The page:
Politics & Policy

New Times

Post-Blair signs of change.

With the weather the way it’s been on the East Coast this winter–and with no pro football on TV for the first Sunday since August–January 25 was a good day to curl up with the weekend’s newspapers. And so, after church, I whiled away the afternoon by the fire, to the pleasant background sounds of my eight-year-old daughter’s games of make-believe.

I saved the New York Times’s Sunday magazine for last, until after the kids’ bedtime, partly out of deference to the disturbing-sounding nature of the cover story: “The Girls Next Door,” which announced the presence of thousands of young sex slaves allegedly imported into the United States each year, and held against their will in makeshift brothels in major American cities.

While reading this lengthy article, the contrast between the horror it described and my own bucolic domestic scene induced a rising sense of guilt. But another disquieting, though unformed, thought rattled around in my head as well–something I didn’t quite grasp until I handed the magazine to my wife and told her, “Read this. If it’s true, it’s shocking.”

If it’s true. That was my misgiving–indistinct, nagging doubts about the veracity of the thing. Nothing to do with Jayson Blair, or the Times’s dependable liberal bias: just the old police reporter in me wondering about the sourcing. Where were the big busts? The confessions? The photographs? (The Times’s pictures were taken in Mexico, not the United States.) If johns know to go to these places, why can’t the cops find them? And if this outrage is so prevalent, why were only a couple of girls quoted? One of them, who said she was sold by her mother to traffickers when she was four, seemed particularly sketchy. This woman provided the obligatory anecdote about the john who recited bible verses before committing child rape. An appalling crime–or a hoary cliché. But depraved things do happen in this world, and I certainly had no reason to doubt the motives or competence of the journalist who produced the piece.

His name is Peter Landesman, a young man who first earned attention as a writer with a novel (nothing wrong with that), and whose work has appeared in The New York Times Magazine previously, and in other outlets, including The Atlantic Monthly. I’ve never met Landesman, but his articles are the kind that one tends to remember. At the height of the ethnic cleansing in Kosovo, he interviewed a man who’d been shot and wounded by Serb killers, surviving only because another man who was shot fell on top of him. Landesman also authored a memorable piece for the New York Times about the Rwandan official who was one of the architects of that nation’s genocide–a woman. And it was Landesman who wrote a frightening piece from Pakistan on a high-ranking Pakistani official who spoke casually–and wistfully–about the possibility of nuclear war with India. If anything was wrong with any of these stories, no one raised any objections. I myself have written for The Atlantic Monthly and its rigorous fact-checking process shouldn’t be undertaken with a faint heart.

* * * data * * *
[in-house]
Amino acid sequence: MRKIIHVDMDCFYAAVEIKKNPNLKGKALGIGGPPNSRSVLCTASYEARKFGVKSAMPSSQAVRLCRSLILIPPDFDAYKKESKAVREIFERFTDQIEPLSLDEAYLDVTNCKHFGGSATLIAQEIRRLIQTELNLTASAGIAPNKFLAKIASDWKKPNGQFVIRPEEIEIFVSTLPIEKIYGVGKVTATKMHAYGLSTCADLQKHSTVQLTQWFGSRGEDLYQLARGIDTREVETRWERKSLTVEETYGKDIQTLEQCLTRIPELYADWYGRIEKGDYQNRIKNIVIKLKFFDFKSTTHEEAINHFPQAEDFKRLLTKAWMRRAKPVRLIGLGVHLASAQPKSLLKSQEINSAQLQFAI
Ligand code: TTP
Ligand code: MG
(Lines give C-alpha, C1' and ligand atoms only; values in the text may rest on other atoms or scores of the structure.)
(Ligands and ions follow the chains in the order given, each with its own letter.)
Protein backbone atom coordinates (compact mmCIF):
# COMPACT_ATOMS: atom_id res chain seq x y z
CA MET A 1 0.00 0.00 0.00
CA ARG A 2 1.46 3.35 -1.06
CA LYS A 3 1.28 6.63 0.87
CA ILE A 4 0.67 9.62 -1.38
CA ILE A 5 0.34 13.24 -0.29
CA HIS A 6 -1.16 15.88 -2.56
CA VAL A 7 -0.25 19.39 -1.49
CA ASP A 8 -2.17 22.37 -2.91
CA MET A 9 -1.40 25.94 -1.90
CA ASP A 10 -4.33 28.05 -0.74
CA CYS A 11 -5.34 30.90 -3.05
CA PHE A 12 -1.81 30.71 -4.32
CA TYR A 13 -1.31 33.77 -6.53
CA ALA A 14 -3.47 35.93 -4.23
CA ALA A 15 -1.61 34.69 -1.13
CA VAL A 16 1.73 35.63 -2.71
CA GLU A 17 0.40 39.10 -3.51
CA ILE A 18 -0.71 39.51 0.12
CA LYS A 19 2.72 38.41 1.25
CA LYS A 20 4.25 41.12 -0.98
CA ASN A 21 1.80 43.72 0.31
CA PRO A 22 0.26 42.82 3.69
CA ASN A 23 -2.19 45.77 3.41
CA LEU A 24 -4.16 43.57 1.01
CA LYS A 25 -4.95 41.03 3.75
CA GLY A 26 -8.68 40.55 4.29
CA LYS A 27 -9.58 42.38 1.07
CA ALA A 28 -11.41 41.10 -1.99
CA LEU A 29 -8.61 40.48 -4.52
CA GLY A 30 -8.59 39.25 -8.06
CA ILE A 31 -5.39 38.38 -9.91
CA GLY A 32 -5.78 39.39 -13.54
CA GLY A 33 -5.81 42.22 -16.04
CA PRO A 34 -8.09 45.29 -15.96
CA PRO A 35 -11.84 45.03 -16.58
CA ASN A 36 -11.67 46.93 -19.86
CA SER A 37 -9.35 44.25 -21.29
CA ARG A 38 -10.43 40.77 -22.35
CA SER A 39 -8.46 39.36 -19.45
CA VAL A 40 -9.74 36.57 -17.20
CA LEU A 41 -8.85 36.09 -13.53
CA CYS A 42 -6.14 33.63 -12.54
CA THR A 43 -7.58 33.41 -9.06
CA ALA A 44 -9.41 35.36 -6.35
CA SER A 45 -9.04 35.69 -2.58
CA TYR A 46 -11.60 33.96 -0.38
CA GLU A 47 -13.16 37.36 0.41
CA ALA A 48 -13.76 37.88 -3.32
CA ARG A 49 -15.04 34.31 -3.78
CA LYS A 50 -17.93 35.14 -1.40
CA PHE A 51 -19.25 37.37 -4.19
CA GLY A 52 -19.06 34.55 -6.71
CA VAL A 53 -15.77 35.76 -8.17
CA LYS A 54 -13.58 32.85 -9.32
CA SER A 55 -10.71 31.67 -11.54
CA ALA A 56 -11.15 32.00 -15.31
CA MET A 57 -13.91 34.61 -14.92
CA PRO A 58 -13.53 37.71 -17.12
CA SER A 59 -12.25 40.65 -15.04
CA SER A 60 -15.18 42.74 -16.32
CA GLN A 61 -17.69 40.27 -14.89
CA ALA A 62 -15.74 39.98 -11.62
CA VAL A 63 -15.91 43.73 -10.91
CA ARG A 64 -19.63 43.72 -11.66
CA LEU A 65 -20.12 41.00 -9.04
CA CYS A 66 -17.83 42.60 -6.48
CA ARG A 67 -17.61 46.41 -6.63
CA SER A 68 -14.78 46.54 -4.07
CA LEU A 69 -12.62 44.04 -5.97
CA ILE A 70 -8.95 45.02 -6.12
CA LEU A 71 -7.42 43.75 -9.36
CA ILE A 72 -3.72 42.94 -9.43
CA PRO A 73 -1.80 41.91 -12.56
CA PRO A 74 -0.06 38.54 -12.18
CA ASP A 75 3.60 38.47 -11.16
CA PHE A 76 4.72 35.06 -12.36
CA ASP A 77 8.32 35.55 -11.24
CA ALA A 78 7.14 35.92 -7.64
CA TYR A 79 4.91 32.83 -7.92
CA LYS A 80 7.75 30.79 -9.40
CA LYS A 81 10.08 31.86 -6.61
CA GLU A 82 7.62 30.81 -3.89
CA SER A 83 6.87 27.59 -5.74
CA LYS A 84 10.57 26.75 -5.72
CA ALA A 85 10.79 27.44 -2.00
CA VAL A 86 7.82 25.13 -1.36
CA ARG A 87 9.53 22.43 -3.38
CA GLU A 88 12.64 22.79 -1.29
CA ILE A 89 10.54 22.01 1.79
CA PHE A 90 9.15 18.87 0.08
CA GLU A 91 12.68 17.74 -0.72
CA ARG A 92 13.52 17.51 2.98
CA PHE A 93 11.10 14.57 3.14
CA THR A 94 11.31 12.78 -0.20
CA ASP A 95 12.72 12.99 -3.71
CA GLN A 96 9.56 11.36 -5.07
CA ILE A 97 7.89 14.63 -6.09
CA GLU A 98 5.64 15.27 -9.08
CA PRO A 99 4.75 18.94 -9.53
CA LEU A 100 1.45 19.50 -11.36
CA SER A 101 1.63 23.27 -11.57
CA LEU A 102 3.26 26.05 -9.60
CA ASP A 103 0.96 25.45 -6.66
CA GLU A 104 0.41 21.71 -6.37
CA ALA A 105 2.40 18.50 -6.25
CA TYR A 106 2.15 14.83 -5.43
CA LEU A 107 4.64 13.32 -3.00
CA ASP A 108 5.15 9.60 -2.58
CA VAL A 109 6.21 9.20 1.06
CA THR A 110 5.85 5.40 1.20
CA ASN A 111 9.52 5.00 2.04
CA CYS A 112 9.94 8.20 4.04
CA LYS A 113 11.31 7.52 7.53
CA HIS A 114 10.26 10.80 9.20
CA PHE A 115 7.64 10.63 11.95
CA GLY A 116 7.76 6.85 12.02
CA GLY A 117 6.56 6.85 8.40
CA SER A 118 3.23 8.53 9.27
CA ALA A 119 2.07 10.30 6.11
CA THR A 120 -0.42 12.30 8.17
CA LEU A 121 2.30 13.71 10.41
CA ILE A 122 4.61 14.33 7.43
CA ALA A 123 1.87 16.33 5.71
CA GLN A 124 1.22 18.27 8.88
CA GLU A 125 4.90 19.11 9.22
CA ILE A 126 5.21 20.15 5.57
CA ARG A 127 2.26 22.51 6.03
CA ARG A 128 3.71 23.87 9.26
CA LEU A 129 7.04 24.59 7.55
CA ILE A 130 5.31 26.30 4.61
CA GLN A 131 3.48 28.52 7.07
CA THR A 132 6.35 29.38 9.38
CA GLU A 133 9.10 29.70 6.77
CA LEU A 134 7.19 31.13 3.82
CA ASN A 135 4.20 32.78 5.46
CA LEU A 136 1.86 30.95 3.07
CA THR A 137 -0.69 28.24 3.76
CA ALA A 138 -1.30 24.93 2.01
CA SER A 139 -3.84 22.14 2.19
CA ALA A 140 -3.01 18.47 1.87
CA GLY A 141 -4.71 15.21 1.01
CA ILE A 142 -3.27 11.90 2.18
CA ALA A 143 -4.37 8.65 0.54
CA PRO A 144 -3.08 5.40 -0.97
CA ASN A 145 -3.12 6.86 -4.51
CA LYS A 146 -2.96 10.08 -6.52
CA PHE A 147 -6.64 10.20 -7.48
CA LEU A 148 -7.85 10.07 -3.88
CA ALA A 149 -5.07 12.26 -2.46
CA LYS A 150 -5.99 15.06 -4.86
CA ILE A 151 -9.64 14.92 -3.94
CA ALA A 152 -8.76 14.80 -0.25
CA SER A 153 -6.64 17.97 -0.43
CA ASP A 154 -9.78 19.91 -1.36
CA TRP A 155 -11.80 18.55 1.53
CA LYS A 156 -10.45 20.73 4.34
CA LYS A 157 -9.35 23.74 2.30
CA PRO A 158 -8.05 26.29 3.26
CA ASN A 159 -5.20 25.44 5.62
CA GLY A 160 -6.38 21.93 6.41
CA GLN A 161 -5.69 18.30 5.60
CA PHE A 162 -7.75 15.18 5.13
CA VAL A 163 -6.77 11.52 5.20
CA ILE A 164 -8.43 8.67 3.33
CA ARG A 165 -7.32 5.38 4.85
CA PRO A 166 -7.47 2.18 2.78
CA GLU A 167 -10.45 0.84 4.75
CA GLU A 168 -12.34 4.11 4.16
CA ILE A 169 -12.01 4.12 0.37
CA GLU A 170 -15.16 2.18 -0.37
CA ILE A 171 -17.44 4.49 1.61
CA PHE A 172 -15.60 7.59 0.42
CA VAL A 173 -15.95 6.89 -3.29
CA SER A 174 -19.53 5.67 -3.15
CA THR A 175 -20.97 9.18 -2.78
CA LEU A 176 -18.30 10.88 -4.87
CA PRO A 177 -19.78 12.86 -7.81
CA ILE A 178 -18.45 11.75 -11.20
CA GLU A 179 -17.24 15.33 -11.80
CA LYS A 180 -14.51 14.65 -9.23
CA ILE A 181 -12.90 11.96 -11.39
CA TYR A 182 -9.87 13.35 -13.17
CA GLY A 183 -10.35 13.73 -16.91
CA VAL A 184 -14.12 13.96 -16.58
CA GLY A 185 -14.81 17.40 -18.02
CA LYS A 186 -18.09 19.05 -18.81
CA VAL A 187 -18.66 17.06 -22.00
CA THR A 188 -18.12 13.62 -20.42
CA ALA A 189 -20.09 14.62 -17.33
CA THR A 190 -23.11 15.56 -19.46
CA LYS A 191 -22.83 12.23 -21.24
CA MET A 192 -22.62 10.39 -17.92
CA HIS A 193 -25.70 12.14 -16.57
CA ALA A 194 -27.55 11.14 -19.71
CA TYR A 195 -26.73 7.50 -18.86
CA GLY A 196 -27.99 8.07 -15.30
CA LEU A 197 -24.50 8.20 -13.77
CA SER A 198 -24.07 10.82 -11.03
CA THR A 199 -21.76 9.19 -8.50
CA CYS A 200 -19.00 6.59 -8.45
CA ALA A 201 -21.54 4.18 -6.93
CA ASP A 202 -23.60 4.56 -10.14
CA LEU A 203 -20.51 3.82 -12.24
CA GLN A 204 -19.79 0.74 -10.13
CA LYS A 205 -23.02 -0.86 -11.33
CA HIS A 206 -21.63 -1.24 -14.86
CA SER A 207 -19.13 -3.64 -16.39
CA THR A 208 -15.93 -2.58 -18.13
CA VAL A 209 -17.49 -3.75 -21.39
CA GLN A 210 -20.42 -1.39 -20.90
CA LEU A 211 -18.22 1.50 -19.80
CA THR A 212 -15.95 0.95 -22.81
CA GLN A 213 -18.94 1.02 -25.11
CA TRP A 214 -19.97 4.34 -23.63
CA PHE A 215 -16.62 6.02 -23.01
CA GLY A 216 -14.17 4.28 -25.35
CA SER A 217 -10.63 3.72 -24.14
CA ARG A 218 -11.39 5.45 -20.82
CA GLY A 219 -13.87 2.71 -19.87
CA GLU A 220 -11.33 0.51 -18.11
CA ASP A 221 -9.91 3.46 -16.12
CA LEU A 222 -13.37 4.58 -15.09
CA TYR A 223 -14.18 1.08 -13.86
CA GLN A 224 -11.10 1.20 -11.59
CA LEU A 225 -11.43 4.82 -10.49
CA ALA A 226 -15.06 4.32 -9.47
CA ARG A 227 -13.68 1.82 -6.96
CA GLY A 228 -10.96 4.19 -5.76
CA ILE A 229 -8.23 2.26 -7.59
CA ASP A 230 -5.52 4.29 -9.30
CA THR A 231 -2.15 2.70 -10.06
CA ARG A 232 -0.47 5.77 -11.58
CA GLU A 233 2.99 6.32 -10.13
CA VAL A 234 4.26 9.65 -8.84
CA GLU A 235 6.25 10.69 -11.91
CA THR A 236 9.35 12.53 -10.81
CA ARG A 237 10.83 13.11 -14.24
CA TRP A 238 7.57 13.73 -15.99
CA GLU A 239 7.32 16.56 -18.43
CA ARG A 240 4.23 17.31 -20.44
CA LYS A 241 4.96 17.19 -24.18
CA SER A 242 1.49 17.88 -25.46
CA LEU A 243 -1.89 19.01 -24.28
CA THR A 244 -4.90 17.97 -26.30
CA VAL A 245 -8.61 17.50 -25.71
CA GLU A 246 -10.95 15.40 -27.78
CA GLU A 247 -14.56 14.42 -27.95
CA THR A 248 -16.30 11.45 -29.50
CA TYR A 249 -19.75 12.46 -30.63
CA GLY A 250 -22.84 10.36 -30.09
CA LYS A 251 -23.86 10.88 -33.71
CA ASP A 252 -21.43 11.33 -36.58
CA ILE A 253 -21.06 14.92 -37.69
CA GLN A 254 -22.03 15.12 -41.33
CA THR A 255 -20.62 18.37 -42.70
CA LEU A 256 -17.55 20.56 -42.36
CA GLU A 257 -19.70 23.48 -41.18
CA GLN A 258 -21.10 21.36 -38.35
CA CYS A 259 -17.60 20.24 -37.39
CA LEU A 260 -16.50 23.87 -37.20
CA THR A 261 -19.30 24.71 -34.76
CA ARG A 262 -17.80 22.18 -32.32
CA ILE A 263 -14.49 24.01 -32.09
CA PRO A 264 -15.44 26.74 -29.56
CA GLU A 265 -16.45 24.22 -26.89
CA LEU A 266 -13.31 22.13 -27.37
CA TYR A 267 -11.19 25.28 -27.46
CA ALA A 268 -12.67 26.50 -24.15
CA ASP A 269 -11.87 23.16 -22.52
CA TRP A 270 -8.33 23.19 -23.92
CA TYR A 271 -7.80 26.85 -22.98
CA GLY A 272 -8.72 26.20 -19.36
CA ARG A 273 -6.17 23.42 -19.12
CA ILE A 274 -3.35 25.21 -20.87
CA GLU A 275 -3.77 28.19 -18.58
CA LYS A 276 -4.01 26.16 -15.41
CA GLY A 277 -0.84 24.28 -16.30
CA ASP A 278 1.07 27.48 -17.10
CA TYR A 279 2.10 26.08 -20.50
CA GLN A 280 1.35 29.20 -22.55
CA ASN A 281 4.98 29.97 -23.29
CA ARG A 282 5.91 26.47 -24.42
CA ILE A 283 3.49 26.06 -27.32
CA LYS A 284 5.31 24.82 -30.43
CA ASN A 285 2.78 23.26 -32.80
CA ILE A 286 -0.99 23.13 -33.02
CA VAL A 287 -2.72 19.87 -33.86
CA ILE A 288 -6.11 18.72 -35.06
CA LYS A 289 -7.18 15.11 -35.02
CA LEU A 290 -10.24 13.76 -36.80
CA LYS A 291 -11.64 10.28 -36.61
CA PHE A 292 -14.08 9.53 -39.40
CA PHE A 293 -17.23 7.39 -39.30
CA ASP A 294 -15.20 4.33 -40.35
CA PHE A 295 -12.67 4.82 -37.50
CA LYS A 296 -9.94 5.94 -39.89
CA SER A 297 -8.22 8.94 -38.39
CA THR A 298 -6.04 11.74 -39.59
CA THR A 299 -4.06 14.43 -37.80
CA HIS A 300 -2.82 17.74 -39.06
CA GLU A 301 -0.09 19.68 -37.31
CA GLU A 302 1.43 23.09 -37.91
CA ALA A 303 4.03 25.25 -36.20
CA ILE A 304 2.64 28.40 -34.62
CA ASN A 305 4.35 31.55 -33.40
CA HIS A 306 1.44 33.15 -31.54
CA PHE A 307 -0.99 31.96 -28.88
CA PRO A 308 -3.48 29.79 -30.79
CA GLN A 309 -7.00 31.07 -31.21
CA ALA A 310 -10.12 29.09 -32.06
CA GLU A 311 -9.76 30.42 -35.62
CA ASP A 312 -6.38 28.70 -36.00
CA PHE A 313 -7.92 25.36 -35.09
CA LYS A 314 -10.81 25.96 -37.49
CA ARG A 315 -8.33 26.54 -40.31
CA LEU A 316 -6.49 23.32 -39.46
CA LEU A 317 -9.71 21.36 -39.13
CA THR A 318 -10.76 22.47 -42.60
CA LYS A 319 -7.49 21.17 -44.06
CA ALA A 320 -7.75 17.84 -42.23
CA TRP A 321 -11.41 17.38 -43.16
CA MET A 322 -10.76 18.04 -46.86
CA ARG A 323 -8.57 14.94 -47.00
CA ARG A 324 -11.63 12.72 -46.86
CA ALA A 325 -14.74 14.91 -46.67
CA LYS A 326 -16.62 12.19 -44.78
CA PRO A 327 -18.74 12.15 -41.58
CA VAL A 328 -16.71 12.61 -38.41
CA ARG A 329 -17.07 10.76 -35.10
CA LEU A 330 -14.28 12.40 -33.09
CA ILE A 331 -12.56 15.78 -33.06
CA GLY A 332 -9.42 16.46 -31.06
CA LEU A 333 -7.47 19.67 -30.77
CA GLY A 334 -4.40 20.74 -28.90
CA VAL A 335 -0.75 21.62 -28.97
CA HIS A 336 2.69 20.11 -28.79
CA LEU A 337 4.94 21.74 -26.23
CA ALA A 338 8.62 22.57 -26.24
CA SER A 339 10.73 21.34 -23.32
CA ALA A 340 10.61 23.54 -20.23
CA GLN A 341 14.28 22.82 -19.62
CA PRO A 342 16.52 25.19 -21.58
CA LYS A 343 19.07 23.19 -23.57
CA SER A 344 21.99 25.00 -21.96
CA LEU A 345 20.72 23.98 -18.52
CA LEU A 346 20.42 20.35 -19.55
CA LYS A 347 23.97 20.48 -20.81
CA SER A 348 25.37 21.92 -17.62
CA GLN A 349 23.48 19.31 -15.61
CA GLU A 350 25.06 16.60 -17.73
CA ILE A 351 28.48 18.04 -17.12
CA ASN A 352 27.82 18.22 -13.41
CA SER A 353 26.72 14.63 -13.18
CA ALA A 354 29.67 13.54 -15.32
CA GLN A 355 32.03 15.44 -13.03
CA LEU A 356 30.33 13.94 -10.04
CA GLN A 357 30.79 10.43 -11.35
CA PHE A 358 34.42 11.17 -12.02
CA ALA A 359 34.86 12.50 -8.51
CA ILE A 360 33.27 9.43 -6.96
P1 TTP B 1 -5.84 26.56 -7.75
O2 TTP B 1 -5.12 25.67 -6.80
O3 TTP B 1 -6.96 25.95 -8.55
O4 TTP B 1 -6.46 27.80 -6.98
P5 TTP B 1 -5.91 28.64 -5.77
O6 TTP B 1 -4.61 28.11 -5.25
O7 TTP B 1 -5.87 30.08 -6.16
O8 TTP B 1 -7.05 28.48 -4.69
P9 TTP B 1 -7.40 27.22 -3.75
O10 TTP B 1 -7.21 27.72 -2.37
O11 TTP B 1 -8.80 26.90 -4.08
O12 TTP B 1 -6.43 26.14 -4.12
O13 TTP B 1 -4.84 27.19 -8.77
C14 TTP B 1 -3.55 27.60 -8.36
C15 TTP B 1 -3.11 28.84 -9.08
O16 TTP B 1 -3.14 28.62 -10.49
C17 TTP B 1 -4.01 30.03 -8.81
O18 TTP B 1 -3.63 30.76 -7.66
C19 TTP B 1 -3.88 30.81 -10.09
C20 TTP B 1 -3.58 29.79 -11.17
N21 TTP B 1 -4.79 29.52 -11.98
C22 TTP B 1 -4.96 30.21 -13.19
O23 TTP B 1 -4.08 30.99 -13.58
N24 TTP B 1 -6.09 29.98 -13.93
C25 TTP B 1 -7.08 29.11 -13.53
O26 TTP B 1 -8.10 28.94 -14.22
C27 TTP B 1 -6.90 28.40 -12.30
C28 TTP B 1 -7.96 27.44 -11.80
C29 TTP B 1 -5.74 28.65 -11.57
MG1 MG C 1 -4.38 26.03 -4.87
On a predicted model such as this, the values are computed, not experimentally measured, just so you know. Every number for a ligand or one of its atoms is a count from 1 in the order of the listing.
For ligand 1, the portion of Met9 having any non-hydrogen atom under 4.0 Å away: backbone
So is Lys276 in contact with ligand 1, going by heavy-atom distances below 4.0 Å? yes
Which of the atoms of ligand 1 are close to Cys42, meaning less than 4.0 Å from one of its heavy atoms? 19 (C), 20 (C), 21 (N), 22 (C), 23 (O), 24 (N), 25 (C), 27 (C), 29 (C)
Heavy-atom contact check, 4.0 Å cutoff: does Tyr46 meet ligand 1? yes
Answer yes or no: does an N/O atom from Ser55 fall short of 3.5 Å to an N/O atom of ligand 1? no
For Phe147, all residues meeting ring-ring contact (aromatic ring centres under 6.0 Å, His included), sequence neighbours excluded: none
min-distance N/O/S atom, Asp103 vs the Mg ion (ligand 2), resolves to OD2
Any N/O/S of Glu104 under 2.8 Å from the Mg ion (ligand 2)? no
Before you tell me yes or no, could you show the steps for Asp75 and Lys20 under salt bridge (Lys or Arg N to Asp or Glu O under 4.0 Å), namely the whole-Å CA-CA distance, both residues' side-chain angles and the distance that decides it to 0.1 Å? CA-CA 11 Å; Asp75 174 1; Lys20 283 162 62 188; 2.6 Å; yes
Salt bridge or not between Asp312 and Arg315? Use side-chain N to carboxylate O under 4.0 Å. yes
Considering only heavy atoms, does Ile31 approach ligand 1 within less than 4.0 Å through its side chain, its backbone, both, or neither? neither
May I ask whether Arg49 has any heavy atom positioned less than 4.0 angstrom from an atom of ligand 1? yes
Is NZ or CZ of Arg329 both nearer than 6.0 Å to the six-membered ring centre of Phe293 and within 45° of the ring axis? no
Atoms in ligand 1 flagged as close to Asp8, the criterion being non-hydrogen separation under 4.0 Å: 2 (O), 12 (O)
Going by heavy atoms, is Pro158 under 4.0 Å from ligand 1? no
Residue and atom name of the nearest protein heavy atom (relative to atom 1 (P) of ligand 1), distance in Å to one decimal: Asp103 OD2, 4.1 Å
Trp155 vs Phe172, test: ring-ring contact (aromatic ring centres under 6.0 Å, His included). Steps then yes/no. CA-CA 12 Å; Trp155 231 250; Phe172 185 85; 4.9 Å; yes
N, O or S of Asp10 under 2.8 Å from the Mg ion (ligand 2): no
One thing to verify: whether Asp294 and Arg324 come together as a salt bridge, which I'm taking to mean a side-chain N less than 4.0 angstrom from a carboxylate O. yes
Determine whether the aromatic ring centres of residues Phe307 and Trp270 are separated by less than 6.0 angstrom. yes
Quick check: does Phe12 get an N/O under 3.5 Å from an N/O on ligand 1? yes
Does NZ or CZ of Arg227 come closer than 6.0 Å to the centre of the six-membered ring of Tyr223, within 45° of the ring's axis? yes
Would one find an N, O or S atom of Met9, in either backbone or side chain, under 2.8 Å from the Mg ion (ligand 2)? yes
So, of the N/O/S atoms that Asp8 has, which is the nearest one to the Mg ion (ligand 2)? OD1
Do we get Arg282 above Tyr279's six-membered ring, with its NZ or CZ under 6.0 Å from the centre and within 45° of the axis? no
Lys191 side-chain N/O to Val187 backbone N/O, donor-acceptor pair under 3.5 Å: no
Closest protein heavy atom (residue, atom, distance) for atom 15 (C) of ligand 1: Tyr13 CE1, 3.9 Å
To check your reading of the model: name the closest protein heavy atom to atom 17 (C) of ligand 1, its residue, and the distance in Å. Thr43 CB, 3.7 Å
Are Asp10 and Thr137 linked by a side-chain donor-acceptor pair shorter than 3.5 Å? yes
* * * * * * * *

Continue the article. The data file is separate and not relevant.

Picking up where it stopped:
Yet these are cynical times we live in, times in which anyone with a computer and enough know-how to set up a weblog can give voice to his skepticisms. It turned out that a blogger named Daniel Radosh had them about Landesman’s exposé, and communicated them to his audience. In the process, Radosh found a sympathetic ear in influential online media critic Jack Shafer, of Slate.

“I can’t disprove the claim made in the article’s subhead that sex slavers hold ‘perhaps tens of thousands’ of women, girls, and boys against their will in the United States, but I seriously doubt its veracity,” Shafer wrote the next day. “Landesman’s breathless performance, in which he asserts that ‘hundreds’ of ’stash houses’ inhabited by foreign sex slaves dot America’s metropolitan landscape, offers almost nothing in the way of verifiable facts about the incidence and prevalence of this heinous practice. Landesman’s supporting evidence is vague. Where it is not vague, it is anecdotal. Where it is anecdotal, it is often anonymous, too. And where it is not anecdotal or vague it is suspicious and slippery…”

Thus did Shafer launch a first-class e-spat over the probity of a New York Times story. Before the week was out, Slate posted three more Shafer columns on the subject, as well as a rebuttal by Landesman’s editor, Gerald Marzorati. In the process of this back-and-forth a few minor mistakes and one significant omission were discovered in Landesman’s narrative. One of the factual errors was that one of the former sex slaves he interviewed–pictured on the cover–said she’d been taken in the late 1990s to a movie theater in an Oregon shopping mall and shown a film, Scary Movie 2, that wasn’t released until 2001. Another is that the woman known in the narrative as Andrea recalled being taken to a hotel in Mexico that had not yet opened at that time. More troubling was the revelation that “Andrea,” the sex slave who invoked the bible-toting child molester, has long been diagnosed with multiple personality disorder. This condition is often associated with the trauma of child rape, but also with the telling of tall tales. Landesman revealed her mental illness neither to his readers nor to his editors; it only came out in a subsequent radio interview he gave.